World

Q & A with Jean Ping, Chairman of the AUC

Britain's American colonies did it. Europe's nations did it. Can Africa's disparate countries form their own political union? Jean Ping, the 67-year-old chairman of the African Union Commission, believes they can, despite the troubled history of African unity. Ping, who left his post as Gabon's foreign minister to take the helm of the pan-African body earlier this year, brings a unique personal history to the job. In the 1930s his Chinese-born father, who sold porcelain along Africa's western coast, missed his boat in Gabon and decided to settle in a small fishing village. He wound up marrying the chief's daughter—who became Ping's mother. Now Ping is charged with bringing unity and order to a continent that has seen little of either in its recent history. He recently spoke with NEWSWEEK's Jason McLure at AU headquarters in Addis Ababa about creating a United States of Africa, bringing peace to the Democratic Republic of Congo and Darfur, and his views of American democracy.

NEWSWEEK: There is a debate in the African Union about how long it will take to create a United States of Africa. Libya's Muammar Qaddafi has pushed for its immediate creation. What's your vision?
Jean Ping: For those who want a quick creation it could be three phases of three years. Gradualists talk about 35 years. I think there is a possibility of compromise. We also have a debate on what type of "United States" we will have: be it a confederation, a federation, or a centralized government.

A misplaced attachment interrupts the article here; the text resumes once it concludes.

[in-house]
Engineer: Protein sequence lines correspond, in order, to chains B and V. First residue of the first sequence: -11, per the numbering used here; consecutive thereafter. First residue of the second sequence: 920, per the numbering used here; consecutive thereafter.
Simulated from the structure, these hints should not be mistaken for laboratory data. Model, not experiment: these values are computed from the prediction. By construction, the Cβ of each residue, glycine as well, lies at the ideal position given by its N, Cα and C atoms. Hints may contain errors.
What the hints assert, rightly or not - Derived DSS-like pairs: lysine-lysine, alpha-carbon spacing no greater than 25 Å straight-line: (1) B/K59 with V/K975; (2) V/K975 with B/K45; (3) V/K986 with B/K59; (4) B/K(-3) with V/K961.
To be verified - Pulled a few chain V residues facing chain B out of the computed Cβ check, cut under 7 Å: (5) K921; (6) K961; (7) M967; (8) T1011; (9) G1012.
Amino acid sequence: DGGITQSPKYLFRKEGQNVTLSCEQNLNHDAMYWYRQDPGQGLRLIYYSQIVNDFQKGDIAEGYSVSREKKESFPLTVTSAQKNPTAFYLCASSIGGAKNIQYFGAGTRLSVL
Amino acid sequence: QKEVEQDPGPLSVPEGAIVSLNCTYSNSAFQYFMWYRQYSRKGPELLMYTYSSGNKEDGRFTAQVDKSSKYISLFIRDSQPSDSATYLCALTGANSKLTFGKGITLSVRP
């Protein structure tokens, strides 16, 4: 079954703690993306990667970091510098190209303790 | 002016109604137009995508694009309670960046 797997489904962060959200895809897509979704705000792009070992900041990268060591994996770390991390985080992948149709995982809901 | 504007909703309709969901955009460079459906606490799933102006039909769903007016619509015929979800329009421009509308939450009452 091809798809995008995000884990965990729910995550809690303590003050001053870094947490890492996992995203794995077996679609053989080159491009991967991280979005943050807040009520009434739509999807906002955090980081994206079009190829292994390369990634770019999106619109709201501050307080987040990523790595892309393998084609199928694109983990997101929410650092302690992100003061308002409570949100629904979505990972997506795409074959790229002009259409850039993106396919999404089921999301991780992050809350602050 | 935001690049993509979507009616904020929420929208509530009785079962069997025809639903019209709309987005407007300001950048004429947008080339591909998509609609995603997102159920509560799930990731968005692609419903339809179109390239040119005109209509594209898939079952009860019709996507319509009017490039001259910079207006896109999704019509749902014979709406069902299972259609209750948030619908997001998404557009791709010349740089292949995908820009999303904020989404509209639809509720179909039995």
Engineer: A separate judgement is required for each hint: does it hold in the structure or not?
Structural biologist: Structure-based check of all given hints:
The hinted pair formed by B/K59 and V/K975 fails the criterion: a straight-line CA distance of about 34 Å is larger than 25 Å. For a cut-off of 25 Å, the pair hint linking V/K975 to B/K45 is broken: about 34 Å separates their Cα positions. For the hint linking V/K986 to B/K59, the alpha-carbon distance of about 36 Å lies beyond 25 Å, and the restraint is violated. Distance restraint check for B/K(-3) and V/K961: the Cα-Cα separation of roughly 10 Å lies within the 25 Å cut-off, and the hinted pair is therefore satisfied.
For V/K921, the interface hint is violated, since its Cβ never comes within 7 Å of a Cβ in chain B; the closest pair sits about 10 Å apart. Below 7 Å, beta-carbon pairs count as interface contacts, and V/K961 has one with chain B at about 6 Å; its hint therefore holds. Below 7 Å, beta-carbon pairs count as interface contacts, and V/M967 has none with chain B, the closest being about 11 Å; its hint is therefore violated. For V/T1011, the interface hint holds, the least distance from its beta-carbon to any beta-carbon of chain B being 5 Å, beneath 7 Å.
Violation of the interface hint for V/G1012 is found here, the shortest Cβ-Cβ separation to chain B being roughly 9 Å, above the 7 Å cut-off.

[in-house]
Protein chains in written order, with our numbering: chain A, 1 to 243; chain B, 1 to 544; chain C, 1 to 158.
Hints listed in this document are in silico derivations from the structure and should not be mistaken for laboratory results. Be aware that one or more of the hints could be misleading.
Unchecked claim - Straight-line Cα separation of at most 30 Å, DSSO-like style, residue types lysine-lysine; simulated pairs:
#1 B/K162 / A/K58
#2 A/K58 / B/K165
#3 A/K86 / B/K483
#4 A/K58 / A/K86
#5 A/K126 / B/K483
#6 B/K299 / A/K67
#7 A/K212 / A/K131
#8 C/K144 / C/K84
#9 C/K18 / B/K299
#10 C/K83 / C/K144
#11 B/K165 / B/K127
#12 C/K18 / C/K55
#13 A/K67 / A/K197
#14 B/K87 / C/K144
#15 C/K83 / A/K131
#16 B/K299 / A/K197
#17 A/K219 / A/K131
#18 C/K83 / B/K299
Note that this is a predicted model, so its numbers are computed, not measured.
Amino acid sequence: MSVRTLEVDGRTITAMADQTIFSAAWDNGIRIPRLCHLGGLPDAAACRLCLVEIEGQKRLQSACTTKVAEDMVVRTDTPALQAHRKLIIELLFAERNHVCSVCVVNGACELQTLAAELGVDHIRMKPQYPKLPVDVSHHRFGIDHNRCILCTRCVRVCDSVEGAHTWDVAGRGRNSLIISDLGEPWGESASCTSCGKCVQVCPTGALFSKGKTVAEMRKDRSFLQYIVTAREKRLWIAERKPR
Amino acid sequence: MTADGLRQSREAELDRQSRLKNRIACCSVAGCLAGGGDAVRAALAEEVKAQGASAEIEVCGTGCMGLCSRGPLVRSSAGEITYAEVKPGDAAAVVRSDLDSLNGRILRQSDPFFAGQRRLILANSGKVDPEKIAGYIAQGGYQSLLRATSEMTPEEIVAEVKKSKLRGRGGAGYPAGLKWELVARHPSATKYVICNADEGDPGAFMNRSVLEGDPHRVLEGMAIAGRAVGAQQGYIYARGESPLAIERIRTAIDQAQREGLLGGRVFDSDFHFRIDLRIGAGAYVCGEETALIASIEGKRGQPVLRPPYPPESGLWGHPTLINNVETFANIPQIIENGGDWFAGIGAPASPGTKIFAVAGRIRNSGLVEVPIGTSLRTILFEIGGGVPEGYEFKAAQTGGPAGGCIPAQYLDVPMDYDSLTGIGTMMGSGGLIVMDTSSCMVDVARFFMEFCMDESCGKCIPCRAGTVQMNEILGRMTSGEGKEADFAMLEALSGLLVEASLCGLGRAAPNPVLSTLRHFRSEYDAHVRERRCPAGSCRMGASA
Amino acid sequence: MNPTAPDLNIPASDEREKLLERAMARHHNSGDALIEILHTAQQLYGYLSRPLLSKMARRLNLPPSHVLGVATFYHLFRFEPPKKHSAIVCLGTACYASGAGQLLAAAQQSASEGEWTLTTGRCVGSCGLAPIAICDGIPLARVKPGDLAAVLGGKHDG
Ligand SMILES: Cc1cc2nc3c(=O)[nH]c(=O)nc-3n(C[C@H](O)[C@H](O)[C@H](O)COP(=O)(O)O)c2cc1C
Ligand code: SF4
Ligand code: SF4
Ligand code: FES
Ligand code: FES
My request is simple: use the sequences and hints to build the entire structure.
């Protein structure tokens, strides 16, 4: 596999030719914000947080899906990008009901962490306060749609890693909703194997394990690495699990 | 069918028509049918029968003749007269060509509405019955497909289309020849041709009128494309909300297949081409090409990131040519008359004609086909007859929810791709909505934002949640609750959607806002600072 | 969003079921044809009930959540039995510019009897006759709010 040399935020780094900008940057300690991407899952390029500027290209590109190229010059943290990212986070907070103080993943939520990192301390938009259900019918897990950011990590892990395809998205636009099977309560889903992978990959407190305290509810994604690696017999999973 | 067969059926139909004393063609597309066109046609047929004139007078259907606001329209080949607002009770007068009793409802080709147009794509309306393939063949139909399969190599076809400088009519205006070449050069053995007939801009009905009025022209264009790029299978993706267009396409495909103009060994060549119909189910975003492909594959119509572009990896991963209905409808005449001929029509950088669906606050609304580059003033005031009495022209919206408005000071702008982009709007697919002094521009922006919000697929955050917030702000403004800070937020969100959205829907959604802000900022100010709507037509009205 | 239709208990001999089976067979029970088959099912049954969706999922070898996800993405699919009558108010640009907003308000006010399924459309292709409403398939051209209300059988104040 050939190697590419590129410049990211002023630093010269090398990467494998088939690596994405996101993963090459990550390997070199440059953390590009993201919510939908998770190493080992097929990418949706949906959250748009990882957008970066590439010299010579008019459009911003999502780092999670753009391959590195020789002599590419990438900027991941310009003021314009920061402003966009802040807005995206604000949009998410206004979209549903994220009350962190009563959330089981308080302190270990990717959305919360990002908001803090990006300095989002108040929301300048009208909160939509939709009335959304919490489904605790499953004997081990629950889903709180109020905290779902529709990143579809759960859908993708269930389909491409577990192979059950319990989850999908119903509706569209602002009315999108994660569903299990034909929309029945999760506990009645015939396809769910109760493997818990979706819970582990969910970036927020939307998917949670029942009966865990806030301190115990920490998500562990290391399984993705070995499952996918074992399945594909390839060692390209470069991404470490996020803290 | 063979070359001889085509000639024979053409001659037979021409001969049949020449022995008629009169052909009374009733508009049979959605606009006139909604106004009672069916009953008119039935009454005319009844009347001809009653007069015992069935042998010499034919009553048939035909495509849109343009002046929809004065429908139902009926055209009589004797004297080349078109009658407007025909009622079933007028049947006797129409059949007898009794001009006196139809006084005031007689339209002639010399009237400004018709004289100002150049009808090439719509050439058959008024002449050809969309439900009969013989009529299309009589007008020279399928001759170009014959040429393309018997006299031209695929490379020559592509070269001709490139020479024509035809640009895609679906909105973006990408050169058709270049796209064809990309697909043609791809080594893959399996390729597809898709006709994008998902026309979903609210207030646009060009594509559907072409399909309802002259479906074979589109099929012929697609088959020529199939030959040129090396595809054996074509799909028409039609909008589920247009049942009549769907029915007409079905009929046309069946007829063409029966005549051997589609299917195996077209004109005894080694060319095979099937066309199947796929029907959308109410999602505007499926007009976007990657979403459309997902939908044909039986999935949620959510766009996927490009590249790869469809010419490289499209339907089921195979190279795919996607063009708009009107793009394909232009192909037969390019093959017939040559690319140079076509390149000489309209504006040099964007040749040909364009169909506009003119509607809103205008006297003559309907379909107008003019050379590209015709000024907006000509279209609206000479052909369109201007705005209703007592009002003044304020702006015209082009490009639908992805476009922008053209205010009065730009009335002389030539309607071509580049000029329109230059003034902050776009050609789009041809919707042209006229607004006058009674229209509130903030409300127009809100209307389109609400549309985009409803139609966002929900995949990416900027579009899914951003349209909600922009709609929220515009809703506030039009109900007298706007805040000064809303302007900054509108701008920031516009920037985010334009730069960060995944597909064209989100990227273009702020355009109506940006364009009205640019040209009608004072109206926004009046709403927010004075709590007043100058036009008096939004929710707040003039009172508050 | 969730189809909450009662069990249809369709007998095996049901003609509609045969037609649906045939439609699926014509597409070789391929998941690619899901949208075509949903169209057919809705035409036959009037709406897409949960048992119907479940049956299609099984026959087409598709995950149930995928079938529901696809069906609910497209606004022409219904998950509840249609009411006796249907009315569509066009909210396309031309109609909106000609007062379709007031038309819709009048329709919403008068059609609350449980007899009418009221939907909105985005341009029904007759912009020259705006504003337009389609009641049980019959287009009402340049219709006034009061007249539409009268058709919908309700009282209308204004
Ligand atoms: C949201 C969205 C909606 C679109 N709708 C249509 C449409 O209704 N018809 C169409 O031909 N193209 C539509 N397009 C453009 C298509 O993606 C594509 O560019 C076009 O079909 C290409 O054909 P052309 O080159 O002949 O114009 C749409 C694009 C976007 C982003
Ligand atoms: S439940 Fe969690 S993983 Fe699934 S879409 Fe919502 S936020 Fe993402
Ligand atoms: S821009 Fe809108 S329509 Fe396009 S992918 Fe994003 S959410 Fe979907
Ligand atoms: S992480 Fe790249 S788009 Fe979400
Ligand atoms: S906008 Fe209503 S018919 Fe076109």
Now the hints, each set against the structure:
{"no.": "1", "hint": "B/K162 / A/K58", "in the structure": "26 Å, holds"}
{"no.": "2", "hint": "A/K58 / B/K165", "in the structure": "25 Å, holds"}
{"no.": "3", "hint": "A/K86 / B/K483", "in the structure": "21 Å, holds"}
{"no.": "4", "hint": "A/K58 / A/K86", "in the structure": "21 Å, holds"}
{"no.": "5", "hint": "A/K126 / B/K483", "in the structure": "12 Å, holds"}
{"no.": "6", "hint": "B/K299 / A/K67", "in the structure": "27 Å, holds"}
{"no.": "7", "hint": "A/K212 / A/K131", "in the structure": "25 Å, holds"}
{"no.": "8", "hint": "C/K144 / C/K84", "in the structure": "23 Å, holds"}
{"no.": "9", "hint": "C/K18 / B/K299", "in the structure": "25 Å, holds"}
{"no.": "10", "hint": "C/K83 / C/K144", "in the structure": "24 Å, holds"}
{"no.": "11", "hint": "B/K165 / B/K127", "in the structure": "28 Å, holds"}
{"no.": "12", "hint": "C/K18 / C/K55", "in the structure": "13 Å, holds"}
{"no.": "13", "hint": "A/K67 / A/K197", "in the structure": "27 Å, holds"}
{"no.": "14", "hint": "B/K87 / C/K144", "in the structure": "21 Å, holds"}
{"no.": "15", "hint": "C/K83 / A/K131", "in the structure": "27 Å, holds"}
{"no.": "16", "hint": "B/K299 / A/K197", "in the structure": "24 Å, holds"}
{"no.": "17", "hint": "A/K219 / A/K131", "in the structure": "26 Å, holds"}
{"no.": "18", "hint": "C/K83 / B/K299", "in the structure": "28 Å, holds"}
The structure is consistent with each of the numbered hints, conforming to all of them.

What is the motivation?
We need bigger markets. Some of our countries are too small and too weak. Africa is a big continent full of raw materials. But this big continent is divided by 165 borders into 53 countries. Even the voice of a larger country like Nigeria or South Africa by itself is inaudible in international negotiations on world trade or climate change. But collectively it's impossible to ignore 53 countries with almost one billion inhabitants.

About eastern Congo, the United Nations has said it will send an additional 3,000 peacekeepers, bringing the total troop force to 20,000. Is that enough to halt the bloodshed?
No I don't think so. The U.N. troops are not generally authorized to use force. They are in very bad shape. It is very difficult for them, not only due to their [small] numbers but due to the nature of their mandate, to do what some Congolese and Africans are expecting. That's why civilians are throwing stones at them.

What about the current ceasefire, signed in Nairobi on Nov. 7?